Middleton, who became a patron of the world-famous art gallery last month, received a private tour of the Lucien Freud exhibit before it opened to the public Thursday.
Middleton shined in gray tweed, A-line coat dress cinched at the waist, but her husband was notably absent from her side.
Prince William was deployed last week to the Falkland Islands to begin his six-week Royal Air Force search-and-rescue duties. Nevertheless, Middleton was poised and collected, according to the British papers.
In January, Middleton announced that she would be donating her time and support to an array of charitable organizations, including the world-famous art gallery, an art therapy and addiction charity, a group of children's hospices, and the Scout Association, the British equivalent of the Girl Scouts.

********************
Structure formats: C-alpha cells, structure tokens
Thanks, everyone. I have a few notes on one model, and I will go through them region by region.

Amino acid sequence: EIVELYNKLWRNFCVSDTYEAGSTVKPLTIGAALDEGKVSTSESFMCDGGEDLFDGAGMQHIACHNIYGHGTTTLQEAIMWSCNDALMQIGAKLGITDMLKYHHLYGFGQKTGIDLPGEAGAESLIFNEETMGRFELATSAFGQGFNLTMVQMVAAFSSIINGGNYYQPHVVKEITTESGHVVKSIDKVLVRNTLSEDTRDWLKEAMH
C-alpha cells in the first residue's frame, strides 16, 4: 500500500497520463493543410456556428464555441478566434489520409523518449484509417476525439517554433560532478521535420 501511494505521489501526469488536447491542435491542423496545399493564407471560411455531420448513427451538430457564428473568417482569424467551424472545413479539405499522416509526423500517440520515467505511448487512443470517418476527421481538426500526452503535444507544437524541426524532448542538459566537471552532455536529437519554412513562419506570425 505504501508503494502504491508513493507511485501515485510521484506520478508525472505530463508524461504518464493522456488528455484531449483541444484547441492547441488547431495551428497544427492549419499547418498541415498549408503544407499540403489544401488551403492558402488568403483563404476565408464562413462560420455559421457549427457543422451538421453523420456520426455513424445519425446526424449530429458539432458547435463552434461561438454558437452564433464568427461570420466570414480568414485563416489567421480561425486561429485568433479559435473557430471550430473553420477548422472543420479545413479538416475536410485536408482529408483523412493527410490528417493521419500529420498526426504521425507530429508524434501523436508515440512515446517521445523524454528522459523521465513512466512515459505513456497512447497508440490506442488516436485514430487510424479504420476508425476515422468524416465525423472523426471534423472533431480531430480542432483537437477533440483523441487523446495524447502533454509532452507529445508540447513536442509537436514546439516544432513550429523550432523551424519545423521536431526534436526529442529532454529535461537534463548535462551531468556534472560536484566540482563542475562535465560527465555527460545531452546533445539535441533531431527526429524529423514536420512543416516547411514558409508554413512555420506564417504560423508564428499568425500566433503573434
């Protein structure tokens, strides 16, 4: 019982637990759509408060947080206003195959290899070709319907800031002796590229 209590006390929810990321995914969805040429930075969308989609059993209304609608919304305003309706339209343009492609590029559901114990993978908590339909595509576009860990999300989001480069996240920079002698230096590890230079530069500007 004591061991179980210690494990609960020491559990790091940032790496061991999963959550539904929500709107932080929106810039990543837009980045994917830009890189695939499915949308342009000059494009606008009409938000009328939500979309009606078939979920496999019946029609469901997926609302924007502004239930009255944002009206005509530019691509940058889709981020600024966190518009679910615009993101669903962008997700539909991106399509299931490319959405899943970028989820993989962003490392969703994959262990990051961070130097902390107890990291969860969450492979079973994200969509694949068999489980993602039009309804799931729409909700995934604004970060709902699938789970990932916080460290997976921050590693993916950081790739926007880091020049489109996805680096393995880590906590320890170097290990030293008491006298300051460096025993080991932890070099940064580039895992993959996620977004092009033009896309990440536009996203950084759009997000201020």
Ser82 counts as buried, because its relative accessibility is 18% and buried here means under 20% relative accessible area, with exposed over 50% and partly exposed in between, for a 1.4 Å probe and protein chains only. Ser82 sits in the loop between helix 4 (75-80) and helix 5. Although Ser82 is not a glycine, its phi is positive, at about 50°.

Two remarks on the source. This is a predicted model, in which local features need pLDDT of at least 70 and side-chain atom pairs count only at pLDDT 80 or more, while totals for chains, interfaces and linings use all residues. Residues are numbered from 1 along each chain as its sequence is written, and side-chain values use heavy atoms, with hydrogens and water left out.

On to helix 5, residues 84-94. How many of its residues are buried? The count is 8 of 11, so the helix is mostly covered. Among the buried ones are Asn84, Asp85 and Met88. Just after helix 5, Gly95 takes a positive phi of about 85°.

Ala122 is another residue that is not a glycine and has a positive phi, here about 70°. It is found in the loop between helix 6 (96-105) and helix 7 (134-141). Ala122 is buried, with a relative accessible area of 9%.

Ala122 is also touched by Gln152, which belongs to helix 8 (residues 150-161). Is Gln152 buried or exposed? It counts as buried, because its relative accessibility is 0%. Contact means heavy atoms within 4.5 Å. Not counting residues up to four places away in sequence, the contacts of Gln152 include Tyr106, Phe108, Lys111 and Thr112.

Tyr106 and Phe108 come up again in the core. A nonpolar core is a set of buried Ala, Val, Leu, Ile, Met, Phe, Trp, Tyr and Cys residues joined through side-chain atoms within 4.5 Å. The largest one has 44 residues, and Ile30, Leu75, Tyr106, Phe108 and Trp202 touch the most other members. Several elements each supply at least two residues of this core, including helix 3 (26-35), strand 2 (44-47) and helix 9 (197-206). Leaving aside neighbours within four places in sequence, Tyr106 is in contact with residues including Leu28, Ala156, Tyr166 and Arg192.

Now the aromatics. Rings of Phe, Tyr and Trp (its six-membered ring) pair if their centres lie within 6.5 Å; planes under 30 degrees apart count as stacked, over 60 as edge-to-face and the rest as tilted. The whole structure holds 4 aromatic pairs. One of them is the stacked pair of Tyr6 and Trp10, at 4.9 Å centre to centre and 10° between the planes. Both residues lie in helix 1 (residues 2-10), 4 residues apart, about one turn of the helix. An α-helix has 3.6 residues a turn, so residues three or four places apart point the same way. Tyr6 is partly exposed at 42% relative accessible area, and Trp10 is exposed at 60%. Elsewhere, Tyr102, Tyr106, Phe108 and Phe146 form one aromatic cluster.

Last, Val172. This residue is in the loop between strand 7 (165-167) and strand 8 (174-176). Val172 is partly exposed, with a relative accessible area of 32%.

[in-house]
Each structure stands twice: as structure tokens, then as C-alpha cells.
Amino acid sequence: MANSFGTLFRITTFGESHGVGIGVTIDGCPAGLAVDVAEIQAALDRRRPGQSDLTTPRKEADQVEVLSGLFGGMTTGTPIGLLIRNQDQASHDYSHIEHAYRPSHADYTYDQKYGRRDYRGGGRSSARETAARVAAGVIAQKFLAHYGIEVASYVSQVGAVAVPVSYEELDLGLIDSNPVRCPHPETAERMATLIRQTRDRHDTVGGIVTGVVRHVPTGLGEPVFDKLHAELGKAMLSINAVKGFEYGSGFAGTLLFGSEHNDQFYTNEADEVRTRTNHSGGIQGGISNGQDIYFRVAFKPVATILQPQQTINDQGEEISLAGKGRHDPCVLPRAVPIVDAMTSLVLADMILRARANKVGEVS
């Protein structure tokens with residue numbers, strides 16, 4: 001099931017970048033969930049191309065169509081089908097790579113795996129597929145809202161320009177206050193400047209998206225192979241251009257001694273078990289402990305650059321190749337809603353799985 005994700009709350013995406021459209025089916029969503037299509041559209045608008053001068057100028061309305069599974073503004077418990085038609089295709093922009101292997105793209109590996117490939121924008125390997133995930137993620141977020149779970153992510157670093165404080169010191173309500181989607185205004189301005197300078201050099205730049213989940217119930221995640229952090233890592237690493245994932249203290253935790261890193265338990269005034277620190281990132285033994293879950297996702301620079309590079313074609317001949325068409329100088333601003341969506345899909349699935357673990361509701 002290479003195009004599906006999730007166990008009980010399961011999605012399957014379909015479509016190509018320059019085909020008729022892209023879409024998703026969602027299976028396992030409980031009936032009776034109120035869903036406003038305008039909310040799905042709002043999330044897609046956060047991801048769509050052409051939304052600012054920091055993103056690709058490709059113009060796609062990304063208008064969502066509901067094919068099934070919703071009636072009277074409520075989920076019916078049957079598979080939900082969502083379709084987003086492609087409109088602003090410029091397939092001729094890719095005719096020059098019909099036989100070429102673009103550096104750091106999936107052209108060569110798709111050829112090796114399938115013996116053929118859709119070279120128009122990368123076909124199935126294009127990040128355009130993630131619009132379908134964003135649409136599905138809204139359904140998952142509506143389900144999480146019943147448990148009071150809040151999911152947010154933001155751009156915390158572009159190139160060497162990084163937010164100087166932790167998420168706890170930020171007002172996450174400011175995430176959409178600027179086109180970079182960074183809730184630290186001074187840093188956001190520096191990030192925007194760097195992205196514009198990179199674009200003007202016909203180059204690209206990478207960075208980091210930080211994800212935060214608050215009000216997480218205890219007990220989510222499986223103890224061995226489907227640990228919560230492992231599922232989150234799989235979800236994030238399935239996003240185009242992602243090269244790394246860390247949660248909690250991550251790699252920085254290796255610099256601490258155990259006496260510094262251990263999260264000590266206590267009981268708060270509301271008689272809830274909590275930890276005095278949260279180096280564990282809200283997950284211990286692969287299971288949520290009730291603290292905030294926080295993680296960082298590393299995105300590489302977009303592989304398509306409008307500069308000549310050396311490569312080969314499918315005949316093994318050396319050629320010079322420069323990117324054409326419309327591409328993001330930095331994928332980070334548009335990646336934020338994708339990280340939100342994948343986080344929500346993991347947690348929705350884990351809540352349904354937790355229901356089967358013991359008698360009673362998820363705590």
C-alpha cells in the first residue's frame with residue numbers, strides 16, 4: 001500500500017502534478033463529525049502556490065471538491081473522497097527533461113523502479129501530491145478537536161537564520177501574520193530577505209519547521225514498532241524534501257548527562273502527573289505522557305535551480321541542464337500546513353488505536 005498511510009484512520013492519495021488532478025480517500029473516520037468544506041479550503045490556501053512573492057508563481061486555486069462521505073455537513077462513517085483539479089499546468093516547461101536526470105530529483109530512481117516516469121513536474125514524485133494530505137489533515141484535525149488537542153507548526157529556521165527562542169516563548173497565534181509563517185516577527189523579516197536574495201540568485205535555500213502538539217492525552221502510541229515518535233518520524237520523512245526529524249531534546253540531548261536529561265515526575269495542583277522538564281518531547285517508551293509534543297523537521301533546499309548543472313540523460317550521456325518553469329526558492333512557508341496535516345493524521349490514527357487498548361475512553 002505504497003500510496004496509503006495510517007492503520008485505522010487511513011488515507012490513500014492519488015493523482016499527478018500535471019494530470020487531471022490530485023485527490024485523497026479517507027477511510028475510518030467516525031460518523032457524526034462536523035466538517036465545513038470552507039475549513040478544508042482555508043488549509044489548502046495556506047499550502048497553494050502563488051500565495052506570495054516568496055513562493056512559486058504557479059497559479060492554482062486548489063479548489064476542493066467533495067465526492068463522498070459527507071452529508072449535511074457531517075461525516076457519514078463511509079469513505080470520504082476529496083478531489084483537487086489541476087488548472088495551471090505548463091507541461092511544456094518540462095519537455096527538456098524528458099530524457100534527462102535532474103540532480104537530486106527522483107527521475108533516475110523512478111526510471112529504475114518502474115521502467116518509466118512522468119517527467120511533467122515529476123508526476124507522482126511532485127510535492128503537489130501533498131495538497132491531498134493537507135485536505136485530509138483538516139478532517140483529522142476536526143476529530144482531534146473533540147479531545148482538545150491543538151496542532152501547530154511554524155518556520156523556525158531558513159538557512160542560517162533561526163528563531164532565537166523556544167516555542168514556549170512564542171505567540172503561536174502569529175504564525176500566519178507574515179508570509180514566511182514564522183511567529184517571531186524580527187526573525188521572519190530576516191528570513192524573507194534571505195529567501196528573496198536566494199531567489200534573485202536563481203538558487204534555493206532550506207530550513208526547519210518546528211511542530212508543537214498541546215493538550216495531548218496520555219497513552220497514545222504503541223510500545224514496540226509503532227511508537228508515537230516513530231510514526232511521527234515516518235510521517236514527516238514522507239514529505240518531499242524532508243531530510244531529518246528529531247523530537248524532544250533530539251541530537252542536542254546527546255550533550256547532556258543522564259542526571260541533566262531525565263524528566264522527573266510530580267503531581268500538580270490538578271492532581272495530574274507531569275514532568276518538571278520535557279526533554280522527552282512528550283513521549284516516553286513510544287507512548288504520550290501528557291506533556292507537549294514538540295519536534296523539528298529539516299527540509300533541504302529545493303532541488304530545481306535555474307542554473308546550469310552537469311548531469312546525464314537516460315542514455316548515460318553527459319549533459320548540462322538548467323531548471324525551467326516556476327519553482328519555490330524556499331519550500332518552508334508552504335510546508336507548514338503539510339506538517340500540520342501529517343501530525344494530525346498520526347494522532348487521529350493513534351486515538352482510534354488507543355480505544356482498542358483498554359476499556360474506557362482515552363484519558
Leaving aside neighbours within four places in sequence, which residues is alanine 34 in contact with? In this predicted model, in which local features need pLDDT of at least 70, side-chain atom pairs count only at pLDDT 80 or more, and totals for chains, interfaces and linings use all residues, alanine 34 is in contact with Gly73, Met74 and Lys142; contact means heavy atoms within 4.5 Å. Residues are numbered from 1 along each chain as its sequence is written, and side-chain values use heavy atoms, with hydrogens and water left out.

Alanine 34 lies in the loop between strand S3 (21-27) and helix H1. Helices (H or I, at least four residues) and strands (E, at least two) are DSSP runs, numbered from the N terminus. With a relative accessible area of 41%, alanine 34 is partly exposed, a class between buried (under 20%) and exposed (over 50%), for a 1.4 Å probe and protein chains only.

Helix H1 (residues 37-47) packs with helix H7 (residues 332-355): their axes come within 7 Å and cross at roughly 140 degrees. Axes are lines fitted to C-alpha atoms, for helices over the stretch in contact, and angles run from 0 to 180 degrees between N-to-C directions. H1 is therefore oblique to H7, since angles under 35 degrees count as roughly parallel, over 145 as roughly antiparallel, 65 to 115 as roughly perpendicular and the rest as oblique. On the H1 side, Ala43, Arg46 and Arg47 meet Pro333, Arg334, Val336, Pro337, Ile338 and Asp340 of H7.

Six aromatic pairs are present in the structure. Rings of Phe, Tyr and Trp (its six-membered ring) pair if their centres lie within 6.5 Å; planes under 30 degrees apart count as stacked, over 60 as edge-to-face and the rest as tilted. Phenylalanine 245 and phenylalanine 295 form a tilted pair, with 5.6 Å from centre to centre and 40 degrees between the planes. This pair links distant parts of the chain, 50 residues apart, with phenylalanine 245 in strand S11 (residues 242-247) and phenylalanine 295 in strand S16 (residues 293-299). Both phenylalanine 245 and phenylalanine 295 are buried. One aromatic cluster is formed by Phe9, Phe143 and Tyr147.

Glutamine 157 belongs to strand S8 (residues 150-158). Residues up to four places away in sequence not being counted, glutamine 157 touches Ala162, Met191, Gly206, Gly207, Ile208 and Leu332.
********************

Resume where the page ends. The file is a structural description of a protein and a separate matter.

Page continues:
The Duchess of Cambridge is reported to have personally sifted through "a few hundred" potential charities before making her selection of which honorary positions to accept.
For Middleton, who was an art history major at the University of St. Andrews, where she met Prince William, the patronage at the National Gallery and a charity called The Art Room, which provides art therapy to children from five to 16, seemed like a natural choice.
She also threw her support behind the U.K.'s Patron of Action on Addiction, which aims to take a "dynamic and integrated approach to improving our understanding of addiction and our responses to it," and the East Anglia's Children's Hospices, which aid children with life-threatening diseases.
Middleton reportedly will visit an alcohol-free bar linked to Action on Addiction in the coming weeks, according to the Daily Mail.
Middleton's involvement and focus on giving back has prompted many comparisons to her mother-in-law, Diana, the Princess of Wales, who was dedicated to a host of philanthropic causes.
ABC News' Kevin Dolak contributed to this report.